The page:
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16 questions Hillary Clinton should answer

As her campaign for the presidency kicked off, Hillary Clinton managed to go 27 days without answering a question from the press. On Tuesday, she broke that streak. Here are a few questions reporters might want to ask the next time she decides to give her prospective subjects an opportunity to get unscripted answers from her.

Why run for president if you don’t have a chance?

The 2016 presidential election is attracting an unusually large number of hopefuls. The Republicans will probably field more than a dozen candidates and the Democrats, as many as five. Presently, very few of these supposed contenders have a real chance of becoming president. Republicans Ben Carson, Carly Fiorina and Ted Cruz are long shots. On the Democratic side, that term applies to everyone but Hillary Rodham Clinton.

Hypothetical questions meant to mock on the campaign trail

A few weeks ago, journalist Jorge Ramos of Fusion asked Sen. Marco Rubio, R-Fla., if he would attend the gay wedding of a loved one. Rubio responded, “If it’s somebody in my life that I care for, of course I would.” Rubio went on to say that he doesn’t have to agree with someone on every issue in order to attend their wedding.

Let’s debate the Trans-Pacific Partnership before OKing it

This spring, President Barack Obama and Republican leaders in Congress want to use an outdated process used to pass the North American Free Trade Agreement more than 20 years ago — a rule called “fast track” — to force through trade deals without a real debate or any amendments. And fast track would be used to speed passage of the giant Trans-Pacific Partnership, or TPP, trade deal.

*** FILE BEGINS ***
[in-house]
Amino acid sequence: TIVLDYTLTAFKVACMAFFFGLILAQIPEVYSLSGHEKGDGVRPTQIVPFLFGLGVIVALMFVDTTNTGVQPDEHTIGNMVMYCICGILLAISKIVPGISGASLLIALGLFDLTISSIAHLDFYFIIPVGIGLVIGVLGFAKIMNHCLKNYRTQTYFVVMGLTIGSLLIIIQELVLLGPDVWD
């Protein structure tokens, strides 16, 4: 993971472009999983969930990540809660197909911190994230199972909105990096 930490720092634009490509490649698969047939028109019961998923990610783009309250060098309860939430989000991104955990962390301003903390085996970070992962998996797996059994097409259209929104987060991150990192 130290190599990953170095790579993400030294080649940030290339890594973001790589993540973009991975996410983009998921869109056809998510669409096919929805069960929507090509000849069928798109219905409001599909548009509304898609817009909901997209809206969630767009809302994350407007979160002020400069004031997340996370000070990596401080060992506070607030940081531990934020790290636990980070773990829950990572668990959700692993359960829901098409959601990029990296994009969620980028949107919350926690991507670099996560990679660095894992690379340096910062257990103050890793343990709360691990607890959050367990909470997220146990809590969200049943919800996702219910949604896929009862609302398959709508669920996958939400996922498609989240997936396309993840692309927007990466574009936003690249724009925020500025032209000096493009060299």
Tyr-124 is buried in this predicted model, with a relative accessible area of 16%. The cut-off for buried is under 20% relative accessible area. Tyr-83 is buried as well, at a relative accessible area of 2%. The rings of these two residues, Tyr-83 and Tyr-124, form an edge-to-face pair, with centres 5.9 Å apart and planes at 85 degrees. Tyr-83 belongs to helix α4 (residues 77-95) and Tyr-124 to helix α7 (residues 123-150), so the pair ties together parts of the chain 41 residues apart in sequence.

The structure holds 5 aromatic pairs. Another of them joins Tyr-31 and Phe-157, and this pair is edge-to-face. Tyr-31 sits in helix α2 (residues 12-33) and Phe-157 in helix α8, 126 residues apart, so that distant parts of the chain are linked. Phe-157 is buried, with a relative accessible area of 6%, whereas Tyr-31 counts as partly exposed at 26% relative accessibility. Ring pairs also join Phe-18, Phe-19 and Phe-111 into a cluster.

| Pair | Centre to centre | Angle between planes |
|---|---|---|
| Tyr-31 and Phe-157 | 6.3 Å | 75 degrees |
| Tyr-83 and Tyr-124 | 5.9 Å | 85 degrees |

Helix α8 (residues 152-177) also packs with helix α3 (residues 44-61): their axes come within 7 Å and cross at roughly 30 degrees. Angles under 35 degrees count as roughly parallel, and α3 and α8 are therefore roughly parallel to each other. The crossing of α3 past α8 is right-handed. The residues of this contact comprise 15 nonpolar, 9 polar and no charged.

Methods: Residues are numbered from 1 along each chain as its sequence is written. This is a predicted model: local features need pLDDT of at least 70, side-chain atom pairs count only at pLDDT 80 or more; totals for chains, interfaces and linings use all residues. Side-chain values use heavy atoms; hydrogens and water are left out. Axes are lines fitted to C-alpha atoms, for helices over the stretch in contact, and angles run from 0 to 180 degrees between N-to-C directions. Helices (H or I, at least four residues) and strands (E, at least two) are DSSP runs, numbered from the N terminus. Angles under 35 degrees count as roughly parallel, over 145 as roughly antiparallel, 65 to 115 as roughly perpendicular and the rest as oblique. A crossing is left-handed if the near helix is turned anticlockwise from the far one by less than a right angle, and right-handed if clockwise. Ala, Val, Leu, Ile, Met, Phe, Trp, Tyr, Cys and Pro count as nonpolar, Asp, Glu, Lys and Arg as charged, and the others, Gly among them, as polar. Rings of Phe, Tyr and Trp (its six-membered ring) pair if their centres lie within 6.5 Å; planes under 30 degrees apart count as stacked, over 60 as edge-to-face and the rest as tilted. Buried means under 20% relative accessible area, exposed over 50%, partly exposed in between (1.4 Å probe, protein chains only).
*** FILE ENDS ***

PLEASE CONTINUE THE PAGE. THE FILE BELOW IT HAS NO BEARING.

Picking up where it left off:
Governor’s carbon bill good for environment and business

In Olympia, people speak of “two Washingtons”: the prosperous cities of Puget Sound, home to numerous globally recognized companies, and the rural communities where job recovery is slower and economic development lags behind national averages. Washington needs bold efforts to spur job growth and innovation across all of our communities.

Paul Noe — Governor’s carbon bill would make mills less competitive

Recent news from coastal Washington and the Olympic Peninsula has provided a glimpse into the future of a paper and wood products industry that plays a critical role in the region’s economy. Investments in local facilities are helping them compete in the new efficient manufacturing, carbon neutral energy economy. The question is whether state policies collectively are going to help or hinder that competitiveness.